Icelandic Road Administration

Coordinates: 64°04′48″N 21°55′48″W / 64.0799°N 21.9299°W / 64.0799; -21.9299
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Icelandic Road and Coastal Administration
Logo of the Road Administration
Agency overview
TypeGovernment agency
HeadquartersGarðabær, Iceland
64°04′48″N 21°55′48″W / 64.0799°N 21.9299°W / 64.0799; -21.9299
Employees360 (2023)[1]
Minister responsible
Agency executive
  • Bergþóra Þorkelsdóttir[2], director (in English) (in Icelandic)

The Road and Coastal Administration (Icelandic: Vegagerðin [ˈvɛːɣaˌcɛrðɪn]) is a state run institution in Iceland whose purpose is to construct and maintain roads and infrastructure (land and sea) in rural areas and between urban areas. Formerly belonging to the Ministry of the Interior, it is now part of the Ministry of Infrastructure (until November 2021 named Ministry of Transport and Local Government). Vegagerðin is the legal owner of the roads and has the authority to execute construction of infrastructures on demand from the ministry.


Until the 20th century[edit]

Until the 18th century there were no official roads in Iceland, only paths and barely visible tracks which people followed with the help of cairns for a few kilometers in either direction. In the 19th century, when fishing villages began to spring up on shores and sandbanks, infrastructure between farms and villages began to improve. As fishermen's camps became villages, with homes and workshops, they also became important trading posts for the farms around them. Farmers traveled to the villages with their raw materials and traded these for imported goods, mostly Danes. This was, of course, not a new thing in Iceland. These places had long been sites for Danish tradesmen but as these trading posts became villages, communication and infrastructure were bound to improve due to increased traffic. In the 19th century, horse carriages became more common among farmers and by the beginning of the 20th century carriage trail tracks had formed from every village in the countryside.

Early 20th century – 1960[edit]

In the early 20th century a few automobiles had come to Iceland and streets had been formed in the largest towns. But roads were needed to connect settlements, and the government called for the old horse tracks to be upgraded to gravel roads. In 1918 the Icelandic government established the offices of Vegamálastjóri (Director of Roads) and Vitamálastjóri (Director of Lighthouses). The latter was an officer overseeing lighthouses and sea transportation and the office of Vegamálastjóri was the predecessor of the Vegagerð Ríkisins institution which was formed a few years later and is now called Vegagerðin. The history of road construction in Iceland can be divided into two eras: pre-1960 and post-1960. Before 1960 the main concern of the government was to provide road access to all populated areas and to all farms. This was a great task and there was a modest budget. The roads were built by a large human workforce and they were narrow and uneven. The terrain was challenging for the roadbuilders as it is often rough, and most places in the Eastern and Westfjords are surrounded by dominating cliff mountains and headlands.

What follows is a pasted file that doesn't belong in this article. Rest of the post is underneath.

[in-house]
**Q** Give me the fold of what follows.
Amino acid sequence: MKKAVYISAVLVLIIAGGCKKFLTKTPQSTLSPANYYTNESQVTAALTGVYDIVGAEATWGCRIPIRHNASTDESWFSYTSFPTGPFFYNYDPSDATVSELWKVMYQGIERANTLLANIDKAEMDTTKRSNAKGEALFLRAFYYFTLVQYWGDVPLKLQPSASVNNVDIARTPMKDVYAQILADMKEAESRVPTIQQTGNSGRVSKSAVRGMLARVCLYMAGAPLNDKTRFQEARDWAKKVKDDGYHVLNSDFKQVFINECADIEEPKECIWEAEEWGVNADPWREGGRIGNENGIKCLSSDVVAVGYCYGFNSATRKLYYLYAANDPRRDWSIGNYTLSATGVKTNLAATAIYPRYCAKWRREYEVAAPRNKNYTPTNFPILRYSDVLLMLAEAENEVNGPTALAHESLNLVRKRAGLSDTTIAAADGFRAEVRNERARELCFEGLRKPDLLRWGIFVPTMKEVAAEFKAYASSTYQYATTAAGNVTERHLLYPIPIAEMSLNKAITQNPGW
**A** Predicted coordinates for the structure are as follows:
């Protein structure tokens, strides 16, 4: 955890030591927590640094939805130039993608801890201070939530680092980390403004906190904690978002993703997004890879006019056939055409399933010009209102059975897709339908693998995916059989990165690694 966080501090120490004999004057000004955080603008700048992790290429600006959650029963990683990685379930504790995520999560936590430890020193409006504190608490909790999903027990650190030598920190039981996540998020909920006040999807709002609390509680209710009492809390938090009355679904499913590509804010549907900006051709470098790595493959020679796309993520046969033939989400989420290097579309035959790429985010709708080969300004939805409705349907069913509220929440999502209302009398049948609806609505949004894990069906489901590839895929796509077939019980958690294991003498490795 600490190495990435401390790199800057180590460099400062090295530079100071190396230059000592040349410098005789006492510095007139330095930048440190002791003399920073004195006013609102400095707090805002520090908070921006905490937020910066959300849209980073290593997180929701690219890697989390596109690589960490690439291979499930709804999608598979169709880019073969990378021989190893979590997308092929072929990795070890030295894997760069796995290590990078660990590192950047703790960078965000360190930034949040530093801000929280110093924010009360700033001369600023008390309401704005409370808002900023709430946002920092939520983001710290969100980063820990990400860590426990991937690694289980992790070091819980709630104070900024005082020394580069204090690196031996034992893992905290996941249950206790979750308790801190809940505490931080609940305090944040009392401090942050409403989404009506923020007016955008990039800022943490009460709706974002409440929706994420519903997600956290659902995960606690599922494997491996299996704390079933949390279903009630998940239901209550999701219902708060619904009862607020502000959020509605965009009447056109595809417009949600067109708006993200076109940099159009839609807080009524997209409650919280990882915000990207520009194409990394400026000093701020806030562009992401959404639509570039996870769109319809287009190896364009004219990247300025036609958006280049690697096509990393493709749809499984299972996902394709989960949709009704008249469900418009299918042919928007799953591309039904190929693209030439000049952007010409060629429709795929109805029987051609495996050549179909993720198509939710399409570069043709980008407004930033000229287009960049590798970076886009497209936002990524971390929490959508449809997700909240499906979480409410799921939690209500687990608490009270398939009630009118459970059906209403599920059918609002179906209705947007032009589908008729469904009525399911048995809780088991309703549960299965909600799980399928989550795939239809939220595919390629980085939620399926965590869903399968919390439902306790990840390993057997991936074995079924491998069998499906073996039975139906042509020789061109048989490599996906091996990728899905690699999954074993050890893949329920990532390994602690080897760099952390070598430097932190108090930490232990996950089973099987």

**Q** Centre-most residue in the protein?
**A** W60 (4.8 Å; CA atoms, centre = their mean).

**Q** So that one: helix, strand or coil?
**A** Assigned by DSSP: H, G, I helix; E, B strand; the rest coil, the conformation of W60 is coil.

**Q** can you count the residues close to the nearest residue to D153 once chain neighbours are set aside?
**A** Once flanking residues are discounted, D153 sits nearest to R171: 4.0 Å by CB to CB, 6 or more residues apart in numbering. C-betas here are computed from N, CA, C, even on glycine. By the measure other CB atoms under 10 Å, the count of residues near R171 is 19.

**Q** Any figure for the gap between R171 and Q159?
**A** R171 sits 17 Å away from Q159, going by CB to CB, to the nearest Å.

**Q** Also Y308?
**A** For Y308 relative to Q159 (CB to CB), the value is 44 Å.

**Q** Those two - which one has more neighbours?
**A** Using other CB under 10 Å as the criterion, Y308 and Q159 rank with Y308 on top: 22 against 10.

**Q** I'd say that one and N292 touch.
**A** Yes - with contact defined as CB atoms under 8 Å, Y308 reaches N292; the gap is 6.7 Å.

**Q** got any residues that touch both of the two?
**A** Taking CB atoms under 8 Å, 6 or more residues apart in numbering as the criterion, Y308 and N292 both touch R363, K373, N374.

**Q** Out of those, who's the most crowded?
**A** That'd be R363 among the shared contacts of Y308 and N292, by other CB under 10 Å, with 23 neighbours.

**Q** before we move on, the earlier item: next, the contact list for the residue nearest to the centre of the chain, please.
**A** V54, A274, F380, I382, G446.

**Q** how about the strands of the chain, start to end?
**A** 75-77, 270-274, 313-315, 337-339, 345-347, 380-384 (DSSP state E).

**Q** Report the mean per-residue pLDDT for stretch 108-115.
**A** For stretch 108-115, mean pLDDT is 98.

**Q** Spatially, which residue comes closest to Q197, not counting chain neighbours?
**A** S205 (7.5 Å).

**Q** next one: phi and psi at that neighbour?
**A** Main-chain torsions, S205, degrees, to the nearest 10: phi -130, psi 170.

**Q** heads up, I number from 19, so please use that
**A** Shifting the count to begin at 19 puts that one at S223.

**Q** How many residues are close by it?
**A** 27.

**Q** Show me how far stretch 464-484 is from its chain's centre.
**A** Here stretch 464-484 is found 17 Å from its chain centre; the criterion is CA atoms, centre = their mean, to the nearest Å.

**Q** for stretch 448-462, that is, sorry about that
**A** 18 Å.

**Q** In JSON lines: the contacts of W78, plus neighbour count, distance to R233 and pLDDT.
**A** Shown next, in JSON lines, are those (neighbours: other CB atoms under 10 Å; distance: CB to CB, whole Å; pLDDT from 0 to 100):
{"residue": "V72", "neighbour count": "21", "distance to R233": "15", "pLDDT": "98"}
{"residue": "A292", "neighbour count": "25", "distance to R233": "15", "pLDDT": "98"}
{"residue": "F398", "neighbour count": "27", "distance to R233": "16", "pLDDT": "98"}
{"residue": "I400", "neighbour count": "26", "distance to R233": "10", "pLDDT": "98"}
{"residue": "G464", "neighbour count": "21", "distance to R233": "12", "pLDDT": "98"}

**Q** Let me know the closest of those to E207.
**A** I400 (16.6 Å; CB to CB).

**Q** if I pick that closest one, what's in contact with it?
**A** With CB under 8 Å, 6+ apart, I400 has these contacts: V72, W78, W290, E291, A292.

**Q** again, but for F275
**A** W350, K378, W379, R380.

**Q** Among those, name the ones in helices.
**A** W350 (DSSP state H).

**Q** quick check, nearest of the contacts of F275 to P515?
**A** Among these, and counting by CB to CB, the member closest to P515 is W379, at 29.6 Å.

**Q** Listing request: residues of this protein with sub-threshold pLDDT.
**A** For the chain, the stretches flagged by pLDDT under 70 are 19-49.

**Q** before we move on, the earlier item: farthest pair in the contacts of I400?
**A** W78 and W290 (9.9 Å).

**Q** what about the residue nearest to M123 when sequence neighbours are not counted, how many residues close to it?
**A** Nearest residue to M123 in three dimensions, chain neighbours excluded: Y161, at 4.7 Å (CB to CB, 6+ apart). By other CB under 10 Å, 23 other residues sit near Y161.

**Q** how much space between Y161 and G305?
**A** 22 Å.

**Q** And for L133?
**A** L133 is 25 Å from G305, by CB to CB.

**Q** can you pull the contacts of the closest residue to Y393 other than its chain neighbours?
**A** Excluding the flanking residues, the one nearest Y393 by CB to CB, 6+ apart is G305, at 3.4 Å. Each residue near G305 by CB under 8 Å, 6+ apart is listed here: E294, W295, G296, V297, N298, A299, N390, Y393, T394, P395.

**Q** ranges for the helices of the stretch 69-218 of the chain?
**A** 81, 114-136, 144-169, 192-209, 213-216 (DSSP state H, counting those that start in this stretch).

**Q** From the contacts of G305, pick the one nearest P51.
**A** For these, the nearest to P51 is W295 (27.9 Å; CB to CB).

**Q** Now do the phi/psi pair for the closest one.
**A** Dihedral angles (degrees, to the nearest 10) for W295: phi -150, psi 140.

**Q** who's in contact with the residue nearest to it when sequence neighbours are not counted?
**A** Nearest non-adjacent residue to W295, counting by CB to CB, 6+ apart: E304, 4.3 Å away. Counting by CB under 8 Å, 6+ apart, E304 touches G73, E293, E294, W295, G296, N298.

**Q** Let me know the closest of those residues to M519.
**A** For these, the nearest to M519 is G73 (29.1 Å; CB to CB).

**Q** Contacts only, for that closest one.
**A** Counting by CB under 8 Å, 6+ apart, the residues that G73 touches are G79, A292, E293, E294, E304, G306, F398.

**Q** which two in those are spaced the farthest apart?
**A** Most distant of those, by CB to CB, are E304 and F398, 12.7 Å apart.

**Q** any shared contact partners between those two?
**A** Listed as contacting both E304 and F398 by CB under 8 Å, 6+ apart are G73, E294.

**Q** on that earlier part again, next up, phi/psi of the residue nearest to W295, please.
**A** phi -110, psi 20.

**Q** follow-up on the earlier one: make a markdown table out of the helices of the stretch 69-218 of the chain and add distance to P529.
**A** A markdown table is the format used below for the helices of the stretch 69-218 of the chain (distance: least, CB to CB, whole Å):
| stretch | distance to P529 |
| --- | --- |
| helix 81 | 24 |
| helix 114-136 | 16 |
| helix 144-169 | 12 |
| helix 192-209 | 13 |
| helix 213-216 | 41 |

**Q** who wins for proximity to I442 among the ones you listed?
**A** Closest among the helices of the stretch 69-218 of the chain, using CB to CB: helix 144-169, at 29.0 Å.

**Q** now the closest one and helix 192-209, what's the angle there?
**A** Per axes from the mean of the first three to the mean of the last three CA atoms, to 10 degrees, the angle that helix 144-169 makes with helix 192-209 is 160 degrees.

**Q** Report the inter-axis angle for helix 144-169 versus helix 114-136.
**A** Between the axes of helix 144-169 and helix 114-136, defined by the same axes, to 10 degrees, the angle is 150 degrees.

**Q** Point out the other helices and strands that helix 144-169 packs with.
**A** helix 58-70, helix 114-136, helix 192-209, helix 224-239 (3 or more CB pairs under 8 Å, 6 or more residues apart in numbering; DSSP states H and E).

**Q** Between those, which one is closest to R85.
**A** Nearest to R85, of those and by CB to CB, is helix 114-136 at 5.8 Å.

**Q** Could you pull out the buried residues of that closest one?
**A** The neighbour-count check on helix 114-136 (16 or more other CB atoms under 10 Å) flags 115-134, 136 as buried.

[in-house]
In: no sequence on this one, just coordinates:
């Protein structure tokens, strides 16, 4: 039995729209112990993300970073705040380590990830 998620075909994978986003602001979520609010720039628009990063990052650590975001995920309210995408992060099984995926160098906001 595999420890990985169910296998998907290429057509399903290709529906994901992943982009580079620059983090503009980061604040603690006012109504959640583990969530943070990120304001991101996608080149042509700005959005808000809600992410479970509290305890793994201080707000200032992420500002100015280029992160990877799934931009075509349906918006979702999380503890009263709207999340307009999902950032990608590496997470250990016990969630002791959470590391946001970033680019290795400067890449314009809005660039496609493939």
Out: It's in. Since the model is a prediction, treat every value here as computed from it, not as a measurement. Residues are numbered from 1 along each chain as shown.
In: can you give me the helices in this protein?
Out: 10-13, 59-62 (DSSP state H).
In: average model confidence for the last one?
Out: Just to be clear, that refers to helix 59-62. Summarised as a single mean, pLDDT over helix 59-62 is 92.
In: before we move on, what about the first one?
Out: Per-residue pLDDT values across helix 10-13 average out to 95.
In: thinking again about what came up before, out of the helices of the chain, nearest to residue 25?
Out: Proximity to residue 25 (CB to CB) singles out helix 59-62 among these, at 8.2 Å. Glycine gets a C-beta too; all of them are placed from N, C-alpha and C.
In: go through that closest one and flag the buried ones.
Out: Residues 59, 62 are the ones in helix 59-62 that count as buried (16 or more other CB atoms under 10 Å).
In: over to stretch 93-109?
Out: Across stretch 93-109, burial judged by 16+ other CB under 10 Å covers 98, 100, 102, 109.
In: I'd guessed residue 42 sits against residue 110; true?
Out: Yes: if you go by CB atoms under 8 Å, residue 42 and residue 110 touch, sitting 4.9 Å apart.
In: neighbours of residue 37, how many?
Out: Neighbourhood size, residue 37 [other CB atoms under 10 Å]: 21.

Iceland became very wealthy after World War II via the Marshall Plan, and in the 1950s and 1960s enormous progress was made in Icelandic infrastructure. In 1960 it was announced that the task of giving all populated areas road access was completed; the next step was to improve these wretched roads, to build bridges and tunnel and to improve road surfaces using asphalt. At the time, Vegagerðin was a very large organization in proportion to Iceland's population, with many workers and much equipment. In the 1980s and 1990s, when the huge wave of privatisation in Iceland and Western Europe, independent contractors became more common in road construction, both in urban and rural areas. Vegagerðin reduced its direct labour workforce and began to rely more and more on private contractors for building roads and other infrastructure.

Today Vegagerðin has no road building workforce or equipment: the work has been completely privatized. Thus Vegagerðin is the intermediary between the contractors and the government. Although the word vegagerðin means "the road-makers", it is now an administrative organisation which employs mainly office staff, doing measuring, planning and tendering.

Until 2021, the headquarters of Vegagerðin were in Reykjavík with other sites in Kópavogur and in Hafnarfjörður. In August 2021, all administrative activities were relocated to the new headquarters in Garðabær.[3]

Road administration areas[edit]

The administrative divisions of the Road Administration

Vegagerðin has its headquarters in Garðabær near the capital, Reykjavík, but its activity in the countryside is controlled from outposts in various towns and the country is divided into four administrative divisions. Those are South, Southwest, Northwest and Northeast. Each of these is subdivided into two service areas, except for the Southwest area which covers only a small area. That is because it includes the capital, and has a much denser road network than the other regions. The service area is where the maintenance department of each service facility (which are in various towns and villages) can maintain the road, signs, tunnels etc.

External links[edit]


  1. ^ "Starfsmenn" (in Icelandic). Vegagerðin. Retrieved 16 September 2023.
  2. ^ "Aðalskipulag Vegagerðarinnar" (in Icelandic). Vegagerðin. Retrieved 24 December 2021.
  3. ^ "Nýjar höfuðstöðvar Vegagerðarinnar í Garðabæ" (in Icelandic). Ráðhús Garðabæjar. 31 August 2021. Retrieved 24 December 2021.